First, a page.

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Use Power BI to view your Smartthings devices

Address common barriers to delivering on customer expectations


This is more of a proof of concept to show that you can read from custom and not-often-used data sources into Power BI. As you go through this small showcase/tutorial, I encourage you to think about what type of data would benefit from you being able to look at it in a cohesive dashboard.

Use Case

I have many IoT devices in my home and mainly use Smartthings to manage them. Smartthings does not provide a friendly web interface and instead relies on their phone app. This is not a big deal, but we will use this an excuse to pull the data into Power BI.

The Smartthings API

Smartthings provides a REST API. We will use this to pull the data into Power BI. To access the API, you will need to create a token. You do that by going here:

Click on Generate Token and select access to read devices. Write down your token as you will not be able to retrieve it later.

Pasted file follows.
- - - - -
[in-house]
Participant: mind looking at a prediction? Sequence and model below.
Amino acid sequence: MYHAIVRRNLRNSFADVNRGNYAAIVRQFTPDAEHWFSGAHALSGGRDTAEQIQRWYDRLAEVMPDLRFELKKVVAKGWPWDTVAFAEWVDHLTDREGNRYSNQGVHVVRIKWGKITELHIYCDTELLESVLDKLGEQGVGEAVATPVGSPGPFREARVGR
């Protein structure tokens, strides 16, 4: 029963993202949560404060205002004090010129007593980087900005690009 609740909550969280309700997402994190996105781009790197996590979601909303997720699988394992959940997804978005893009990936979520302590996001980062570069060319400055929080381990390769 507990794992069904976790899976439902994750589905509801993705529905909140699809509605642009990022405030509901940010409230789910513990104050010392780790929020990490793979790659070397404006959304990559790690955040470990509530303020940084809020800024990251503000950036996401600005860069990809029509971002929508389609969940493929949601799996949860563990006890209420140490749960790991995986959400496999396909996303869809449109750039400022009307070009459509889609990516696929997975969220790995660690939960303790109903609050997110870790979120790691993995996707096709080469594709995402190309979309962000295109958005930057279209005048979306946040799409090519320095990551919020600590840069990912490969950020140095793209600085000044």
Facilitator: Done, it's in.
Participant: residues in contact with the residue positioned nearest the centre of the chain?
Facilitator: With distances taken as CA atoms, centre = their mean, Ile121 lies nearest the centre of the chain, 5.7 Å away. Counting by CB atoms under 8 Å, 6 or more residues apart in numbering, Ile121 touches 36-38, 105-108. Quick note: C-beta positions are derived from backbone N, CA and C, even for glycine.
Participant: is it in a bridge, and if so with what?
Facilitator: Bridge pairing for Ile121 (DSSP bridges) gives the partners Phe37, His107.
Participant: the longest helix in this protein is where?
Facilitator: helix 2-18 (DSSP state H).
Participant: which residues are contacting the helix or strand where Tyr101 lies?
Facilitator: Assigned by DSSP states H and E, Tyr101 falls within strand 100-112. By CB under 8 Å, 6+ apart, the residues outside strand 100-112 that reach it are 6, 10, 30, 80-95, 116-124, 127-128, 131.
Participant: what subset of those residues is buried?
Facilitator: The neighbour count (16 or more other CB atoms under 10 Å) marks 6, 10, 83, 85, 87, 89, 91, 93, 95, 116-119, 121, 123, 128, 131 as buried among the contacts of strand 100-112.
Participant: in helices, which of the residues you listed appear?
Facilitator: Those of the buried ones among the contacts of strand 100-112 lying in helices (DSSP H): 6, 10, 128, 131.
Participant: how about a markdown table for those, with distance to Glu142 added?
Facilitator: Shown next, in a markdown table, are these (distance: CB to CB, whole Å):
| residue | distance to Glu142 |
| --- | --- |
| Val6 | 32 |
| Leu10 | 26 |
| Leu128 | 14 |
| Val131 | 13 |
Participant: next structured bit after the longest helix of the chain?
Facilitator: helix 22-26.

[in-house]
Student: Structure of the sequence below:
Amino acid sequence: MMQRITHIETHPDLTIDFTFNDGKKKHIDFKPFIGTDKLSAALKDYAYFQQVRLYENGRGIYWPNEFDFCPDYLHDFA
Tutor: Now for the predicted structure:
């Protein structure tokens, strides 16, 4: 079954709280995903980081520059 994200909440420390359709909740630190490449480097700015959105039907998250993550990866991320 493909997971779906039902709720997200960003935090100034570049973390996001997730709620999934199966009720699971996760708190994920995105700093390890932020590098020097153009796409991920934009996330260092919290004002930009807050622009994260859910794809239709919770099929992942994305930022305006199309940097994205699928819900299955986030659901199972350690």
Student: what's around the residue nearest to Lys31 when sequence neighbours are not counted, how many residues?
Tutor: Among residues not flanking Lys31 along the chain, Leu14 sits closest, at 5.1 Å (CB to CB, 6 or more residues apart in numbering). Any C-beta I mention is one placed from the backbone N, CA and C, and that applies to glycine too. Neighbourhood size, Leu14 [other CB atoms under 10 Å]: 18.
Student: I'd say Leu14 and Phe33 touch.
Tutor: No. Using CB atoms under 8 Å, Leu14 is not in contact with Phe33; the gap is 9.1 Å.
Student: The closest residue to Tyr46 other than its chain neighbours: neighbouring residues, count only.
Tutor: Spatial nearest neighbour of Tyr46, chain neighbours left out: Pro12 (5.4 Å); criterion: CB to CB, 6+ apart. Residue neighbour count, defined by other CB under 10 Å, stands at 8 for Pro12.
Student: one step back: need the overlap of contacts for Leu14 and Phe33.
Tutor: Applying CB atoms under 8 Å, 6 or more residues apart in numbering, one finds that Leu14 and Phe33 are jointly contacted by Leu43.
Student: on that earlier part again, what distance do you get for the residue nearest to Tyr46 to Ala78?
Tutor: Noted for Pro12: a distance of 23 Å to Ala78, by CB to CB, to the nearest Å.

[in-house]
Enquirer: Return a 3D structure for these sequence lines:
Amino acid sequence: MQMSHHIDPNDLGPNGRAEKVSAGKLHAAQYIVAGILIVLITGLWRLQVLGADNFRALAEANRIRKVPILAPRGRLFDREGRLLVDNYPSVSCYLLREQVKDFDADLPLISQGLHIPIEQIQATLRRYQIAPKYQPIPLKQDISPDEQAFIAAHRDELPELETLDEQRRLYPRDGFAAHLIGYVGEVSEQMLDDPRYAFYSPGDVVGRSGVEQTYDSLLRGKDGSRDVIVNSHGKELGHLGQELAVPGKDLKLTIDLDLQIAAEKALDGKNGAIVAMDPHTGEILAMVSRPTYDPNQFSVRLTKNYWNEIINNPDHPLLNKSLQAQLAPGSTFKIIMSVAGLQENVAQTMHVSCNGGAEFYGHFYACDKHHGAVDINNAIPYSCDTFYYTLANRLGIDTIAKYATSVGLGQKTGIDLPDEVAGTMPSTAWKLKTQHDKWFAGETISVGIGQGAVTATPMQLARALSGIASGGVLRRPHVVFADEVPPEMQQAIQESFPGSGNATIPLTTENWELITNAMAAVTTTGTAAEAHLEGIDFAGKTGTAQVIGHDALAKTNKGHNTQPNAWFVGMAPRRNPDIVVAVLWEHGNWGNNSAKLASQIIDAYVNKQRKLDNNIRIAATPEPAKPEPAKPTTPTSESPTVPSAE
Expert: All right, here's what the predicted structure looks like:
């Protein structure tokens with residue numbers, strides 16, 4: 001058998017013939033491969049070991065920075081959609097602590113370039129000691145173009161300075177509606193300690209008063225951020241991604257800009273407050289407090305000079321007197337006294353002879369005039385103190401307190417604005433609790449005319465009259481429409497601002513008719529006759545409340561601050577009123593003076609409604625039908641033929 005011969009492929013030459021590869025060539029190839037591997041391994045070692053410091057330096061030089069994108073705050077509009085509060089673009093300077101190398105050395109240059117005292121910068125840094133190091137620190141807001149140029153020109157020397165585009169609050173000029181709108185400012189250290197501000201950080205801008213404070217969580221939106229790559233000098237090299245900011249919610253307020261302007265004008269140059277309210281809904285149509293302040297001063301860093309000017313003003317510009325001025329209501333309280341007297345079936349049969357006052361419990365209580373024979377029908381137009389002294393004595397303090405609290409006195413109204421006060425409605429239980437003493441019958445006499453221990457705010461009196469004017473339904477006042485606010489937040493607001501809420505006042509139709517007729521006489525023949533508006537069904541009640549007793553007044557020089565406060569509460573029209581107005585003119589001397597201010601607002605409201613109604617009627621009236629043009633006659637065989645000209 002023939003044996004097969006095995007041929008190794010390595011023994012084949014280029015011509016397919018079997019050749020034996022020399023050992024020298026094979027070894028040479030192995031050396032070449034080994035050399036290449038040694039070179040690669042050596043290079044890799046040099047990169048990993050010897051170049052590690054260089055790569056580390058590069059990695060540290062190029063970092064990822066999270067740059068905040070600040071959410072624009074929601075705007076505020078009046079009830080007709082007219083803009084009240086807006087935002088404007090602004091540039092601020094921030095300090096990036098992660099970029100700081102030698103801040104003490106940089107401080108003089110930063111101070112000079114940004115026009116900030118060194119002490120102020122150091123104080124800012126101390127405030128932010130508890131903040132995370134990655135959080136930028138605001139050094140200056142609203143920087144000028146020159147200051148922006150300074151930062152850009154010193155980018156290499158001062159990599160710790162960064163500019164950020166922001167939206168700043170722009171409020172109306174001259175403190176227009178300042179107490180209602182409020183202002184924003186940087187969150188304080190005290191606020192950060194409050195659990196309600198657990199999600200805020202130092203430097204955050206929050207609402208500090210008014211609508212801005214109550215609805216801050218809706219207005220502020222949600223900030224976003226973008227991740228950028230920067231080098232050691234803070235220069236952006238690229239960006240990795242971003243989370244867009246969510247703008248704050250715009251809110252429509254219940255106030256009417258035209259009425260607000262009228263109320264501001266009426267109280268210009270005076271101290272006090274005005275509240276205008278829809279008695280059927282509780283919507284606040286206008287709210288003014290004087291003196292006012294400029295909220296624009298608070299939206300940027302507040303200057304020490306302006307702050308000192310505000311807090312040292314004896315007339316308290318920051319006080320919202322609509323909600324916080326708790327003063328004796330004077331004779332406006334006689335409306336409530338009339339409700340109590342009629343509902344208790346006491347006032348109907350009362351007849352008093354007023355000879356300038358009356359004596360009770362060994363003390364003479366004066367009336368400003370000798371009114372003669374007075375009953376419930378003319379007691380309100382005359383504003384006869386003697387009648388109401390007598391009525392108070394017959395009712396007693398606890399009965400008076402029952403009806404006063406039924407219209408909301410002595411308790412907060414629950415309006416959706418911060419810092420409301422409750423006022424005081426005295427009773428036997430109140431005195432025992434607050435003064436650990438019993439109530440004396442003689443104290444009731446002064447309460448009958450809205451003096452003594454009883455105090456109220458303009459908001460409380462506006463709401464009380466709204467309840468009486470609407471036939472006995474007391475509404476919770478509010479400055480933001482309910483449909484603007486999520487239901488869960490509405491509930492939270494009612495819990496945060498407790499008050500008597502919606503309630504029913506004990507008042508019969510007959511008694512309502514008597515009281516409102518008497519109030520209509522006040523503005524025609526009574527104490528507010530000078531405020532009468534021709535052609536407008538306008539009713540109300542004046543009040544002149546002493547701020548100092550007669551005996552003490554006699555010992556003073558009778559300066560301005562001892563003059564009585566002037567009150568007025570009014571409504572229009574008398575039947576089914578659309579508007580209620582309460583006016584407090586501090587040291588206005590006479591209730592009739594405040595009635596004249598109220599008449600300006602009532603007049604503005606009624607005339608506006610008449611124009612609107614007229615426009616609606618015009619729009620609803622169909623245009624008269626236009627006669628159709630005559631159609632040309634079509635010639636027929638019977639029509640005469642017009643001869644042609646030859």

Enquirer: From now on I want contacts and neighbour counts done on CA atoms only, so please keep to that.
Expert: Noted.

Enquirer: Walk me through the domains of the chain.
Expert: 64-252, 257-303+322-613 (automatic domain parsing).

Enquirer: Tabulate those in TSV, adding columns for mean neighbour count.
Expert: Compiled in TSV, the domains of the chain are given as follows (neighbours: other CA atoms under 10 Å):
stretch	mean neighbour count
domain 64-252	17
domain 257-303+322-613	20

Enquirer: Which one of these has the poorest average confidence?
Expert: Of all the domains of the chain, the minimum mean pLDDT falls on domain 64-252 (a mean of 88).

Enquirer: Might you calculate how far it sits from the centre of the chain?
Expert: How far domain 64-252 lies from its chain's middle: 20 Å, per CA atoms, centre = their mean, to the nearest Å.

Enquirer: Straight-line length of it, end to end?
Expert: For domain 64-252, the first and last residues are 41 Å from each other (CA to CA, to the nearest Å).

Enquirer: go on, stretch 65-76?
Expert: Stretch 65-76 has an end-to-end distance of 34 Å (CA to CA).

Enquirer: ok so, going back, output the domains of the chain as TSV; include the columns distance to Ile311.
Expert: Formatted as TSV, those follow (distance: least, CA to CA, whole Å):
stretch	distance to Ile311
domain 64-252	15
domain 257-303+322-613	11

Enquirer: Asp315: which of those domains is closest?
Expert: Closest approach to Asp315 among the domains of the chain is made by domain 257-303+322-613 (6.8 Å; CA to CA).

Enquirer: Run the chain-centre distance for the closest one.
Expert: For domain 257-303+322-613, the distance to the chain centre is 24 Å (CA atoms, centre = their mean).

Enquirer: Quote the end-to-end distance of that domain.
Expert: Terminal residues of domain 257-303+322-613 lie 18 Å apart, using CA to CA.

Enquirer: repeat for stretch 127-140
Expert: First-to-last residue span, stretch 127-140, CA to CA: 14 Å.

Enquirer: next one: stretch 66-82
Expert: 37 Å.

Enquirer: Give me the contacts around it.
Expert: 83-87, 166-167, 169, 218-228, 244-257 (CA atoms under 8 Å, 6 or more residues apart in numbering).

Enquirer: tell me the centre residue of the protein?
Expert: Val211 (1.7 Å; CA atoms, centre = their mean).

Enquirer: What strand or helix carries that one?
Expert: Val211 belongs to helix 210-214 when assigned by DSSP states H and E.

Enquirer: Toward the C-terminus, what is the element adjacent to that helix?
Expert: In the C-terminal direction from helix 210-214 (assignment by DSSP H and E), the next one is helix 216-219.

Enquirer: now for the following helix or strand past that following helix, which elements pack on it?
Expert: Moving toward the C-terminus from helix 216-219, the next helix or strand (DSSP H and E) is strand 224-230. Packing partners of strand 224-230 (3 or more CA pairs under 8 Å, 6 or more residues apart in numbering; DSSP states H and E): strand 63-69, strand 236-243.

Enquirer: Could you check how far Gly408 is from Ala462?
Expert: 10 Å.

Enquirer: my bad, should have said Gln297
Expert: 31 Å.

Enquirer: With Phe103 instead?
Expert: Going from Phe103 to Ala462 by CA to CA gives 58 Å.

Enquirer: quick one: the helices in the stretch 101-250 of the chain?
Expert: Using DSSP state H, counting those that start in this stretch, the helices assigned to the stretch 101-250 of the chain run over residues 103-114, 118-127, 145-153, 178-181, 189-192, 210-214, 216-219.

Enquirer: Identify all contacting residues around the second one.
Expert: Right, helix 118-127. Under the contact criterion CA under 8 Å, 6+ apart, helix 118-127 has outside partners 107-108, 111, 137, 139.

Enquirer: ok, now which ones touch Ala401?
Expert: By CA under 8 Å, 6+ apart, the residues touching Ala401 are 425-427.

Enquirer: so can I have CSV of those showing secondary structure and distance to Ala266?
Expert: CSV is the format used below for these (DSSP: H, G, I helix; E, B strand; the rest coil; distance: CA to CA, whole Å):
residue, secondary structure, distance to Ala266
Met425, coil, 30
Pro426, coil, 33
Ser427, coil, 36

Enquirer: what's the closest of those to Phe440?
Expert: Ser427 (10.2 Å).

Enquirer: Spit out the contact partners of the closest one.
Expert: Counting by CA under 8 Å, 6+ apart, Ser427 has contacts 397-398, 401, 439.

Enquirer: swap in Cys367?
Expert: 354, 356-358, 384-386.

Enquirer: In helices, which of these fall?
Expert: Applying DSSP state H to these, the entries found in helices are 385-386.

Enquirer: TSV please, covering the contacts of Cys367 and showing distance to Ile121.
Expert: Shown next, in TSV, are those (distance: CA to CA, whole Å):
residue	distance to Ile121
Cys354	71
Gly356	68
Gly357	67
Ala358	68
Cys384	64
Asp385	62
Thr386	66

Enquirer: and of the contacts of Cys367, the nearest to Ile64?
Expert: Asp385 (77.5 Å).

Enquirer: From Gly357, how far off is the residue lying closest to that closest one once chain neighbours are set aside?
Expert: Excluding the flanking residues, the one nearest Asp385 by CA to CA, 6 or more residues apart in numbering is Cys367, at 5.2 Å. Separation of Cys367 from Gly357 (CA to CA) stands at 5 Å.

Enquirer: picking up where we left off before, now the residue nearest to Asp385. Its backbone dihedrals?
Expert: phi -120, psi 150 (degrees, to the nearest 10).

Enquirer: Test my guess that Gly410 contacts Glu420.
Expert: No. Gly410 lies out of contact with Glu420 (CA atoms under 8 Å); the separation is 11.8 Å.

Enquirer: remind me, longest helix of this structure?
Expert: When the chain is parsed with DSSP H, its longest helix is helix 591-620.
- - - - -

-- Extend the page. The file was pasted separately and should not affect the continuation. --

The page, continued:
The authorization type is Bearer, we will dwell into that later. These are the two endpoints we will be using:


You can read more on them here:

Power BI Datasets

We will be designing this in such a way that we will be using two datasets. One for each endpoint.

Dataset #1: Device List

The first dataset will bring in a list of devices in our smartthings account. Open a new PowerBI window and select Get Data -> Web.

Next, Select Advanced

Enter the following information:
URL parts:
HTTP request header parameters: Authorization: Bearer <your_token>

Click OK, then Connect

A new query will open. Right click and select Into table.

Then click on List

Right click the header and select To Table, then click Ok

Expand the columns by clicking the icon in the header and click OK

You now have a list of all your devices. Click Close & Apply

Iterating over devices

The previous step lays the foundation for the next which is getting the status of all the devices programmatically.

Create a new blank query from Get Data -> Blank Query